See — and be seen — in Humans of UW-Madison

Senior Jenna Freeman began her Humans of UW-Madison project purely out of human interest. The longer she’s done it, however, the more instrumental the project has become in her college career.

When Freeman decided not to study abroad last semester, she was determined to make the most of her time here on campus.

Drawing on her love of photography and her desire to interact with people outside of her social network, Freeman created a blog, based on the popular site Humans of New York, to document life right here in Madison.

“I wanted to come up with my own thing, but you don’t always need to be the one who has the freshest idea,” says Freeman.

Humans of UW-Madison, hosted on Facebook and Instagram, aims to showcase moments in the lives of students and community members.

The project joins a growing number of similarly inspired blogs created in cities across the globe.

“It’s … kind of just to make the world a little smaller,” Freeman says of the movement.

Unlike Humans of New York, Freeman’s blog incorporates submissions and includes photos of places like the Capitol and the Memorial Union Terrace. Still, the majority of her photos feature individuals or small groups of people, accompanied by short quotes.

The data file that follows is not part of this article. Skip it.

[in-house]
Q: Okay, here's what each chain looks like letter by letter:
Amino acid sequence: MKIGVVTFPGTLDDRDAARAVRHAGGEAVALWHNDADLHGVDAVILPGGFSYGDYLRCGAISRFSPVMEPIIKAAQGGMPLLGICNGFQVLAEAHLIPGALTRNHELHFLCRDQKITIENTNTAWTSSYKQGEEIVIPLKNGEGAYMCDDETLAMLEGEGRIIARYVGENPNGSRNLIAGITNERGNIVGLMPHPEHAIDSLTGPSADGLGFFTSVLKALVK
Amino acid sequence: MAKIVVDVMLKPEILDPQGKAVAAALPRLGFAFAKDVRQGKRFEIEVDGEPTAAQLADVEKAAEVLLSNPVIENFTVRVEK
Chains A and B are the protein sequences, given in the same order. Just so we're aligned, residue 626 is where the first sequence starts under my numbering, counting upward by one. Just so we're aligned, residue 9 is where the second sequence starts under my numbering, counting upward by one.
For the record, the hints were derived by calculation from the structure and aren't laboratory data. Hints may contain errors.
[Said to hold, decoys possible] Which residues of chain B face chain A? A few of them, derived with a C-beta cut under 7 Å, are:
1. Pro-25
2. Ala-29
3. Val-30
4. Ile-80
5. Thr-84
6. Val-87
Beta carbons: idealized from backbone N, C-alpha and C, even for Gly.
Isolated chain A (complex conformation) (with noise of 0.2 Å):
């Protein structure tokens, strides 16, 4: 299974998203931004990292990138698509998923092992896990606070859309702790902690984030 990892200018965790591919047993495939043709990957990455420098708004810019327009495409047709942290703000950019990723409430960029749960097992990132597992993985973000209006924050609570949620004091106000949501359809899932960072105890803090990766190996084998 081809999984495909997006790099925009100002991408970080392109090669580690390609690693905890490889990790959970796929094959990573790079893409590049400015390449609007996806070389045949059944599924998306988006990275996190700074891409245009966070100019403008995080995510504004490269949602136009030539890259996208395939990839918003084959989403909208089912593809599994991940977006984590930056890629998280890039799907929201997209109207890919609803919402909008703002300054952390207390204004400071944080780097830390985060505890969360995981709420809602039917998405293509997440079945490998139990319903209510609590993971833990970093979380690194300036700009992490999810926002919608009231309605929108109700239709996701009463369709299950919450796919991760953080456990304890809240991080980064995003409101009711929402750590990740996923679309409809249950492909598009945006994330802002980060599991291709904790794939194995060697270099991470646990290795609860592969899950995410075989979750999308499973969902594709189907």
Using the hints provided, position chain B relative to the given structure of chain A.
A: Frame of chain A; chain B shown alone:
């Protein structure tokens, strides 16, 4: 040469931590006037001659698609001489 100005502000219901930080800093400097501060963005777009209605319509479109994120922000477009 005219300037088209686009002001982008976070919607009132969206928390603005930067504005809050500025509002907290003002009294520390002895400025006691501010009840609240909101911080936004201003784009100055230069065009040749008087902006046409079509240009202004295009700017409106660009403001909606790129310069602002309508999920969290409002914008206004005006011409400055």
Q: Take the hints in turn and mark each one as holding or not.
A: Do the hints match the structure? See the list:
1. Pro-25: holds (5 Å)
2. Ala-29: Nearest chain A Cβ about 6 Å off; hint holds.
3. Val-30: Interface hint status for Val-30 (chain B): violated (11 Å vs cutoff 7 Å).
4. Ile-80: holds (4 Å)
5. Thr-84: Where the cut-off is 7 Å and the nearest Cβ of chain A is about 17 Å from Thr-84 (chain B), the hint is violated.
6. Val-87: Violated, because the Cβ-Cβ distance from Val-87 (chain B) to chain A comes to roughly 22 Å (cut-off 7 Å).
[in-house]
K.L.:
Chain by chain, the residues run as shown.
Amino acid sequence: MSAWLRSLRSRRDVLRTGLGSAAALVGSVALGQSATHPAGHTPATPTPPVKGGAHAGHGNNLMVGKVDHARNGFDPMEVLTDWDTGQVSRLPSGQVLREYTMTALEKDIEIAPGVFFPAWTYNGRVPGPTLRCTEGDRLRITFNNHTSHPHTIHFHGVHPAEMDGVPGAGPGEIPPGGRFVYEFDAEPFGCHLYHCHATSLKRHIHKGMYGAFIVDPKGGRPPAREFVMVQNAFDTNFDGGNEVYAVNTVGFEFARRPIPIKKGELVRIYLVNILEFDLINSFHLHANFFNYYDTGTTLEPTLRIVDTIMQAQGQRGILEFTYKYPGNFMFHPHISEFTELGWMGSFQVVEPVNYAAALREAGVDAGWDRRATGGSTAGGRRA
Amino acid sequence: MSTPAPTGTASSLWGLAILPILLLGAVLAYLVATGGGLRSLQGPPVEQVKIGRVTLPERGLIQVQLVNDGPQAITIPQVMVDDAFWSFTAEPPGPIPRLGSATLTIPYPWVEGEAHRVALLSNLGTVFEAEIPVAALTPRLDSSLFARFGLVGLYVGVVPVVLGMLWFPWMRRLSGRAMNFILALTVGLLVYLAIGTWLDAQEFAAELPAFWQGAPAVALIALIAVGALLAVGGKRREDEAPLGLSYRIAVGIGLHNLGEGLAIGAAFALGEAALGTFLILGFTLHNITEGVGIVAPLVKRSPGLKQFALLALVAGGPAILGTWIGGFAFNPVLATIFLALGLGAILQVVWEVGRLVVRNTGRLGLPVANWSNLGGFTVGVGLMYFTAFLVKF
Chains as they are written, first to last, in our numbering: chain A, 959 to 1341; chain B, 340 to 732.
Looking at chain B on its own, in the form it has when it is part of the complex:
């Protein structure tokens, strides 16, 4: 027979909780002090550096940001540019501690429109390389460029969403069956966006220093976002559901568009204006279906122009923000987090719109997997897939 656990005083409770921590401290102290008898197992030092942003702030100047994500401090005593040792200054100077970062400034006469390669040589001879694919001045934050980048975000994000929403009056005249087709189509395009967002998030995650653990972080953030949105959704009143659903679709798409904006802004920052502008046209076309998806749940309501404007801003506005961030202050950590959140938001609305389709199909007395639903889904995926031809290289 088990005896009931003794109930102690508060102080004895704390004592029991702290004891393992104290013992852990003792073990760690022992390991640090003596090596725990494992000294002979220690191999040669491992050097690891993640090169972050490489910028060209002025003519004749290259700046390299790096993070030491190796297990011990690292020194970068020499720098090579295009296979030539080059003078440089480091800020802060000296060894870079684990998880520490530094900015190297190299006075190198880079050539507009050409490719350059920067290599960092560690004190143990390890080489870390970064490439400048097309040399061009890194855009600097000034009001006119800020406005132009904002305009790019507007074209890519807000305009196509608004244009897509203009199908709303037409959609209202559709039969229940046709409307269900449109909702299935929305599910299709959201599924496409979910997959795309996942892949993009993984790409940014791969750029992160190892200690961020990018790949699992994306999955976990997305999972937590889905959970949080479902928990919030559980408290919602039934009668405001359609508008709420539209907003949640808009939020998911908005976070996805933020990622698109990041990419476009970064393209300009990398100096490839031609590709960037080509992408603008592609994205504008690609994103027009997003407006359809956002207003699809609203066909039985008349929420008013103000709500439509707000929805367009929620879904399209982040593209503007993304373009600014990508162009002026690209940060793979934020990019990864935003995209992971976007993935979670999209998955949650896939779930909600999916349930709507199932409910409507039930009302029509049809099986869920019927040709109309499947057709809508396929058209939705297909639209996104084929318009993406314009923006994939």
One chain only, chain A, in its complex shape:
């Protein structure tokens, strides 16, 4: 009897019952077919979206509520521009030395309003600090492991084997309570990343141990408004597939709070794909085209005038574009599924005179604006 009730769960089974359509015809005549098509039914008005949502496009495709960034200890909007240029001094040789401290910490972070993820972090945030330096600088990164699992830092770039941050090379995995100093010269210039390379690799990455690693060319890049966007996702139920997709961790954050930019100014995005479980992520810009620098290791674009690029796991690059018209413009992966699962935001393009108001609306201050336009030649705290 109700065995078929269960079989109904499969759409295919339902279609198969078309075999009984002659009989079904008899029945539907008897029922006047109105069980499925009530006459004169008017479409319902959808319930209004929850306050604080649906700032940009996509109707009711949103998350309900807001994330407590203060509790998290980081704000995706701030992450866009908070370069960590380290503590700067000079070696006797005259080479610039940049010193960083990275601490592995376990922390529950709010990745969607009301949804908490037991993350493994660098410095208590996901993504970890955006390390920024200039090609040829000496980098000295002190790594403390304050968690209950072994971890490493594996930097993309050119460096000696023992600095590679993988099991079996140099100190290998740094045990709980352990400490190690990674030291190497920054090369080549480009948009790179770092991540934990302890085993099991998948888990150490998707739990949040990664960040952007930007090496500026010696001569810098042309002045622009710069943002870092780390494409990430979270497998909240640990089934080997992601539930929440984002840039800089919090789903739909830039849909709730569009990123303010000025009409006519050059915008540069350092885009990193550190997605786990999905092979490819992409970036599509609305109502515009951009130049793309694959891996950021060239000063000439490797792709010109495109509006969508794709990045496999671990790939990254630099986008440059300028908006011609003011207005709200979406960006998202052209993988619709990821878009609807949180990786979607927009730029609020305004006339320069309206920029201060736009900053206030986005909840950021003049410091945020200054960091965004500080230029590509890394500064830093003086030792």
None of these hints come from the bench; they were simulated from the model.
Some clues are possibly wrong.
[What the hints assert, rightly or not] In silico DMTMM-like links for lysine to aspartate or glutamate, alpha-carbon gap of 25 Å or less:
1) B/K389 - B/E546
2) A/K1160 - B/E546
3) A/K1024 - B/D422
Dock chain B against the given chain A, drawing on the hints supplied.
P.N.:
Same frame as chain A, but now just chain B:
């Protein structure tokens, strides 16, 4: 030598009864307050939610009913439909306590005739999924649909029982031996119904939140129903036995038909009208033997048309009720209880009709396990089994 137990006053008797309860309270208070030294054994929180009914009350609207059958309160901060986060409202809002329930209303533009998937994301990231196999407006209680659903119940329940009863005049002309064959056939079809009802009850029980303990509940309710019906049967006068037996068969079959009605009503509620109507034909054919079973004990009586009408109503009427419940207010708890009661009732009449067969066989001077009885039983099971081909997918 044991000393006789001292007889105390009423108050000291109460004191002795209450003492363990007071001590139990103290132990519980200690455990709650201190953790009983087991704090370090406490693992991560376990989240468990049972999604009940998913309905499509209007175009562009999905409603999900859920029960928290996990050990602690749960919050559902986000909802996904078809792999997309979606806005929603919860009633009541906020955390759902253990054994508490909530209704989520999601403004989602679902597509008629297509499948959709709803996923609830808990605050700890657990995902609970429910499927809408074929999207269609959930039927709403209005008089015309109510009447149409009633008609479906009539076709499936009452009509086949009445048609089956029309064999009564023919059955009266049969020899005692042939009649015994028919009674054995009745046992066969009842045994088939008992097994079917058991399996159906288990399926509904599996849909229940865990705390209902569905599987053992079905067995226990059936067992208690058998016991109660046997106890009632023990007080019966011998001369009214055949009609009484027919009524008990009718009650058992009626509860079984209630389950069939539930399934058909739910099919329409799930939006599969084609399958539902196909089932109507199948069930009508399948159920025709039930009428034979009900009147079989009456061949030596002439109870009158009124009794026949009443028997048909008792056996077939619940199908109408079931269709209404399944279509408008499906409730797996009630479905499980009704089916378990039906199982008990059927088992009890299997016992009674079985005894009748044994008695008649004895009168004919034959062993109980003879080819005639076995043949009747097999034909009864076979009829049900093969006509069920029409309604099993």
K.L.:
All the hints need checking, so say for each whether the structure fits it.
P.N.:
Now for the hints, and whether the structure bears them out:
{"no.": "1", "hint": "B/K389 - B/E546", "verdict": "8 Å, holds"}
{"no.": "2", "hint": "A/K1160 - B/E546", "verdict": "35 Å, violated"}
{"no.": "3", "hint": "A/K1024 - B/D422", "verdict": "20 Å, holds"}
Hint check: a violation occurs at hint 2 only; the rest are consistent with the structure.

Recent posts show the creators of the Hooked mobile app sitting at a local coffee shop, a student relaxing on Bascom Hill before an exam and a group of women attending a Diwali celebration at the Union.

Freeman has no set formula for how she approaches people for photos.

“Sometimes I just want to interact with people and I’ll be like, ‘Oh, you’re so cool. Can I take a picture of you and put it on my blog?’”

As a rehabilitation psychology and special education major, Freeman says she began Humans of UW-Madison purely out of human interest. The longer she’s done it, however, the more instrumental the project has become in her college career.

“I’ve always been very passionate about special needs, disability studies and autism awareness … (but) this has given me a different direction in the short term that will maybe turn into something in the long term,” Freeman says. “This is photojournalism, which I didn’t realize existed.”

Freeman isn’t sure what she wants to do after graduation. She’s interested in finding a way to combine her interests in photography and people with special needs.

No matter where she goes next, Freeman hopes to find students who are interested in getting involved so Humans of UW-Madison will live on.

“I just never thought I was artistic,” Freeman says. “This is not specifically drawing art, but it’s an art form.”

—Jane Roberts